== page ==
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Why don't U.S. issuers demand European fees for IPOs?

Abstract:

We compare the fees charged by investment banks for conducting IPOs in the U.S. and Europe. In recent years the “7% solution”, as documented by Chen and Ritter (2000), has become even more prevalent in the U.S., and is now the norm for IPOs raising up to 250m dollars. The same banks dominate both markets but European IPO fees are roughly three percent lower, are much more variable, and have been falling. We review explanations for the gap in spreads and find the evidence consistent with strat...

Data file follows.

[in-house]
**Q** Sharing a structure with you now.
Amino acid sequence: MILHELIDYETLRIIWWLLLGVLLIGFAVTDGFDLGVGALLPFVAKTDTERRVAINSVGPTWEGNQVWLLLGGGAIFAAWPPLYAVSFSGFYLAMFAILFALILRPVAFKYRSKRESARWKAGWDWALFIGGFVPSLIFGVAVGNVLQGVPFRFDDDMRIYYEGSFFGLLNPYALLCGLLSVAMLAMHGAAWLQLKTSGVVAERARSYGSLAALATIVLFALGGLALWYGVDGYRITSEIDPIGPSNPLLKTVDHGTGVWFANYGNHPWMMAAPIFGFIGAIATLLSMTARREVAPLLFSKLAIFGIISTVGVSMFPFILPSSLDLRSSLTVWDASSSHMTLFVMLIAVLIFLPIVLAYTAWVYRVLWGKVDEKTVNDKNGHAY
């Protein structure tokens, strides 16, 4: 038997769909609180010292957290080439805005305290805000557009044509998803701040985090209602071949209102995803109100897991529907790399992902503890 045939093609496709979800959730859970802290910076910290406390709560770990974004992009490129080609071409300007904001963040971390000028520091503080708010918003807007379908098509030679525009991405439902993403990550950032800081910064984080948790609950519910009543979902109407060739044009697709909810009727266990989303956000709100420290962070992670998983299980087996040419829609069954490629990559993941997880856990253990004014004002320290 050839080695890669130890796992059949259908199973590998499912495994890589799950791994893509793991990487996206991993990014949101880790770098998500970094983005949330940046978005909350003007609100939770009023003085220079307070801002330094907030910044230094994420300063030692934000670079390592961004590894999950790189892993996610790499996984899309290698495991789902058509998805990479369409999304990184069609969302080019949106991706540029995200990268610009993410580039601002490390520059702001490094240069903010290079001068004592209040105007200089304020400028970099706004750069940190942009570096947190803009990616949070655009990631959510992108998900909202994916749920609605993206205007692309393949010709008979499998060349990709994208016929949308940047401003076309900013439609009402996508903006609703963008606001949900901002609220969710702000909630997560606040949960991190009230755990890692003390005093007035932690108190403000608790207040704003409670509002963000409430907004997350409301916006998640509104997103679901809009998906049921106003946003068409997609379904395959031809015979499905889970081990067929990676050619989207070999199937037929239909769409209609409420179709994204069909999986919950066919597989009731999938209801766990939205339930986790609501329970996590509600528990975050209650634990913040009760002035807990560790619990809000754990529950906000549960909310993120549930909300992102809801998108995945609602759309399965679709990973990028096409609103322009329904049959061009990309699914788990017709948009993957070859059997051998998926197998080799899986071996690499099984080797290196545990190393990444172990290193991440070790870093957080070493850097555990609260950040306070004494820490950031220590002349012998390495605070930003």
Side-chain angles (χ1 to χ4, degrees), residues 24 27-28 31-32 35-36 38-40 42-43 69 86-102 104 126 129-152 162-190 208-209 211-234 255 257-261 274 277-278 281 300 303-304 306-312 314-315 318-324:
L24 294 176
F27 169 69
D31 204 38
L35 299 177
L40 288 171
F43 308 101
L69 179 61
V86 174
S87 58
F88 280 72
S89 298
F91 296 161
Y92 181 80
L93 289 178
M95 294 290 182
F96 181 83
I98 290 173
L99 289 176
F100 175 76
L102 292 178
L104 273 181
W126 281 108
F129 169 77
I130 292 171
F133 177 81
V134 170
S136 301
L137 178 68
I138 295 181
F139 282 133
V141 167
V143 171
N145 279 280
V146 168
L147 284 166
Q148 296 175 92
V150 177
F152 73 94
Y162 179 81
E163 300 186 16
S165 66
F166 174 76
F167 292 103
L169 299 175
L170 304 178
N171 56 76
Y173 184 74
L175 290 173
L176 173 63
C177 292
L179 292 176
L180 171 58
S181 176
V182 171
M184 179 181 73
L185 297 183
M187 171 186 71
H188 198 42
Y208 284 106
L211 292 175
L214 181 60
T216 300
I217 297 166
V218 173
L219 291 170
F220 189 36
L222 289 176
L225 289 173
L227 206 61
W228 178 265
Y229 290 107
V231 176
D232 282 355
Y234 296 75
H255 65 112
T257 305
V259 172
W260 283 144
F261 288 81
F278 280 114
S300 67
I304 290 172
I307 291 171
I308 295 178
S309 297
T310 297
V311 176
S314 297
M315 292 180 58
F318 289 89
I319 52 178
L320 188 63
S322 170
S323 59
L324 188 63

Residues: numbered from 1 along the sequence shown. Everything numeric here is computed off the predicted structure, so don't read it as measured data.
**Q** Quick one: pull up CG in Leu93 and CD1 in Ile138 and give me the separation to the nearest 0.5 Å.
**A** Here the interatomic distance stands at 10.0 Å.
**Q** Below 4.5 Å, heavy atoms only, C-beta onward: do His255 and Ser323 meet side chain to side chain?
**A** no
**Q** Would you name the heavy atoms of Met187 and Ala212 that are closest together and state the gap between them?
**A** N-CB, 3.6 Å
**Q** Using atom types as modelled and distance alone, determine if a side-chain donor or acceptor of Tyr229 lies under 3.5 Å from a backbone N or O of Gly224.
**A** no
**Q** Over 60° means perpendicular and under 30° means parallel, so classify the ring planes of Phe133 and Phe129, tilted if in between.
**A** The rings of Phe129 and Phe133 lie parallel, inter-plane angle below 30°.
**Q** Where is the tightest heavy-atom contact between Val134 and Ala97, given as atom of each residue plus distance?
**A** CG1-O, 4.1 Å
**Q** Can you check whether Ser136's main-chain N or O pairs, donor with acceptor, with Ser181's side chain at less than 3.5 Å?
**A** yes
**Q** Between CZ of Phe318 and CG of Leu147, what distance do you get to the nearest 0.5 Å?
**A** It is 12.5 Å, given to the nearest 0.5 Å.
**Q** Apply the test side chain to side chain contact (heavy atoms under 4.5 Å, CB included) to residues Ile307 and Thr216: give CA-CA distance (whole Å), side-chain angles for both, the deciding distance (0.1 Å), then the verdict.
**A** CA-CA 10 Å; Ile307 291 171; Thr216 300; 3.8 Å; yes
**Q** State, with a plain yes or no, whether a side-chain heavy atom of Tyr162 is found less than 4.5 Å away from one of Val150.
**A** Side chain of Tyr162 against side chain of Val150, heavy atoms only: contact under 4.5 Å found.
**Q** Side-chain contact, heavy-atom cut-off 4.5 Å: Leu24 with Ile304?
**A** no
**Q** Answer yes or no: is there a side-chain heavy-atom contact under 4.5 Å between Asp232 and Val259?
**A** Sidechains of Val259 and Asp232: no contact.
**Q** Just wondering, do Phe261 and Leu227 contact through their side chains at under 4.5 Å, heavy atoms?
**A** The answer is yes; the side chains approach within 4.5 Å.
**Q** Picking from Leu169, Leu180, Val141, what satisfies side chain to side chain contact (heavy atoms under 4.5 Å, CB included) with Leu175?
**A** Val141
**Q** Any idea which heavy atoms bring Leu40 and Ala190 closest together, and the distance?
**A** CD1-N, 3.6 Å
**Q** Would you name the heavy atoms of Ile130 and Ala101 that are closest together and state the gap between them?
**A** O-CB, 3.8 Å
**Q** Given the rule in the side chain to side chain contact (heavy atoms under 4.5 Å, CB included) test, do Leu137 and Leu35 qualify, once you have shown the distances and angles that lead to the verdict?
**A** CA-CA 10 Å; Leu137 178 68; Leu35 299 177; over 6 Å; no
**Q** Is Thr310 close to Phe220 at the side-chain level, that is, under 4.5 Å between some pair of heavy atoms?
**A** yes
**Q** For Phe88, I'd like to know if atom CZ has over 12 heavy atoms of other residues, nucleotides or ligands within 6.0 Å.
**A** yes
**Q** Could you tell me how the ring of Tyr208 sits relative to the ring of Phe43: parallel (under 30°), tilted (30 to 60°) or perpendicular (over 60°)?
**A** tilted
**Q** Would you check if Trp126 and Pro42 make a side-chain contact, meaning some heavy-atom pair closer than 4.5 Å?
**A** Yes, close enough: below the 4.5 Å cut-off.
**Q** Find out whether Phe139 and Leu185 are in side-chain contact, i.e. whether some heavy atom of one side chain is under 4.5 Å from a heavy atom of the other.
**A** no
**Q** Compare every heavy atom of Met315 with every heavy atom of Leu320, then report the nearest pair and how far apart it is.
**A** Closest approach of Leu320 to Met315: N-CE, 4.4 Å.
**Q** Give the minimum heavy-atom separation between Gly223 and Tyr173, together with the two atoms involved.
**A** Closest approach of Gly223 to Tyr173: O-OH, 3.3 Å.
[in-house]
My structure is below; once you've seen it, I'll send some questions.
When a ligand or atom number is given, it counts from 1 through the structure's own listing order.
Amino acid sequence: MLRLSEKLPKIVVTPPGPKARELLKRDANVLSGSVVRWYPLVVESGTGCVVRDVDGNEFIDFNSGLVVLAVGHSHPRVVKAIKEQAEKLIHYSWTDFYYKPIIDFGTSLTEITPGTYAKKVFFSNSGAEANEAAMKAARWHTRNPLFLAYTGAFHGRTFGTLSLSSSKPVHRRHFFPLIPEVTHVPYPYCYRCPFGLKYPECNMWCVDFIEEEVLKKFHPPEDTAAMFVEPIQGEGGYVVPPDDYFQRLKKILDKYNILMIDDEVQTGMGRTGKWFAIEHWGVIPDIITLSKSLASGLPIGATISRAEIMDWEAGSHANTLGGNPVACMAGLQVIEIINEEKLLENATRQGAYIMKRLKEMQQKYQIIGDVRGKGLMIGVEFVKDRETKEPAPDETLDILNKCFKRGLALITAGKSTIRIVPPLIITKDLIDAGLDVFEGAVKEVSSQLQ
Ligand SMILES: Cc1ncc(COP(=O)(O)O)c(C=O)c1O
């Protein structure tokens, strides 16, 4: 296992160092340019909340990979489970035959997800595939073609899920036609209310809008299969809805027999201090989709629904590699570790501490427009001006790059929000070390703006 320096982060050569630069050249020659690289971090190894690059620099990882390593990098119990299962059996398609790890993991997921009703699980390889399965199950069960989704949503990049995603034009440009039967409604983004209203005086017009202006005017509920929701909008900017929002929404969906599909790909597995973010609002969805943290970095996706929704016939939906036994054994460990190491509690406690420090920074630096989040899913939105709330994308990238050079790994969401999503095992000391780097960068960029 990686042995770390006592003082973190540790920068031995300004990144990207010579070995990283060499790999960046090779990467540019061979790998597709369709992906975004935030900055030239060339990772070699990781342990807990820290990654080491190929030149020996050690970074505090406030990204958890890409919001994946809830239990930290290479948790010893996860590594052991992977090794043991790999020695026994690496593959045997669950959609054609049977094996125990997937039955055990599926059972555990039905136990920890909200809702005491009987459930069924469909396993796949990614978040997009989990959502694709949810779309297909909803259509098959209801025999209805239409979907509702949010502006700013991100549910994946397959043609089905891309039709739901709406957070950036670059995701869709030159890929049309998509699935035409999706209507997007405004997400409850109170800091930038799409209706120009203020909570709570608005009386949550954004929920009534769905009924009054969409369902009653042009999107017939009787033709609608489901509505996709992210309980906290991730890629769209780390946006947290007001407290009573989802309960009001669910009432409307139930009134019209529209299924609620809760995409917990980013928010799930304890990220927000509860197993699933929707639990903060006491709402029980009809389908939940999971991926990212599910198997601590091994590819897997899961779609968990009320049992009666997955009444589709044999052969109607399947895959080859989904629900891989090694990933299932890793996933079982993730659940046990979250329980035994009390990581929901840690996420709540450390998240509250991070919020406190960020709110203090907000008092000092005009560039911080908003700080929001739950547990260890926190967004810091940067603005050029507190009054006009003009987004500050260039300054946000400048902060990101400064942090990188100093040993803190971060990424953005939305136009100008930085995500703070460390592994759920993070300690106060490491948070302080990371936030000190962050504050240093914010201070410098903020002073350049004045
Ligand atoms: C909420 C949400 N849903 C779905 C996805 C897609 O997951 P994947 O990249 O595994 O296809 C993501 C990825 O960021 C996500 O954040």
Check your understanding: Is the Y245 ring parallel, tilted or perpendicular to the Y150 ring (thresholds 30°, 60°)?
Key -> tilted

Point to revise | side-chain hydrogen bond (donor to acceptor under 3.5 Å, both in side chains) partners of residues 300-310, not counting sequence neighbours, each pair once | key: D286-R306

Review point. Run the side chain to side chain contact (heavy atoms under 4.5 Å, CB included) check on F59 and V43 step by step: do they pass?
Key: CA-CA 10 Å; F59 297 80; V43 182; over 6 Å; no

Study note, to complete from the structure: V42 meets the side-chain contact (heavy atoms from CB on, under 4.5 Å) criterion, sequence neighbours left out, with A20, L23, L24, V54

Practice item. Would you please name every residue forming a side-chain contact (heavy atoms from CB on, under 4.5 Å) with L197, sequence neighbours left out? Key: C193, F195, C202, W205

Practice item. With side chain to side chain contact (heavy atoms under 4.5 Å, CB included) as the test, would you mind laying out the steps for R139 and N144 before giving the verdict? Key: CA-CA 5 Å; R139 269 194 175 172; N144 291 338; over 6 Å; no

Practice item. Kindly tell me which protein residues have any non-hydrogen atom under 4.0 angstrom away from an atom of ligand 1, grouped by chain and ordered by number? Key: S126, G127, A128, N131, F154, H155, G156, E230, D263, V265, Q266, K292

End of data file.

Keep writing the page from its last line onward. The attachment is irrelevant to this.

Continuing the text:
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Publication status:
Published
Peer review status:
Peer reviewed
Version:
Accepted Manuscript

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Publisher copy:
10.1111/j.1540-6261.2011.01699.x

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Institution:
University of Oxford
Department:
Saïd Business School
Role:
Author
More by this author
Institution:
University of Oxford
Department:
Saïd Business School
Role:
Author
More by this author
Institution:
University of Oxford
Department:
Saïd Business School
Role:
Author
Centre for Corporate Reputation More from this funder
Publisher:
Wiley Publisher's website
Journal:
Journal of Finance Journal website
Volume:
66
Issue:
6
Pages:
2055–2082
Publication date:
2011-12-05
DOI:
EISSN:
1540-6261
ISSN:
0022-1082
URN:
uuid:cf406437-7ba7-4fec-aa1a-2425e86b426f
Local pid:
oai:economics.ouls.ox.ac.uk:15364
Language:
English

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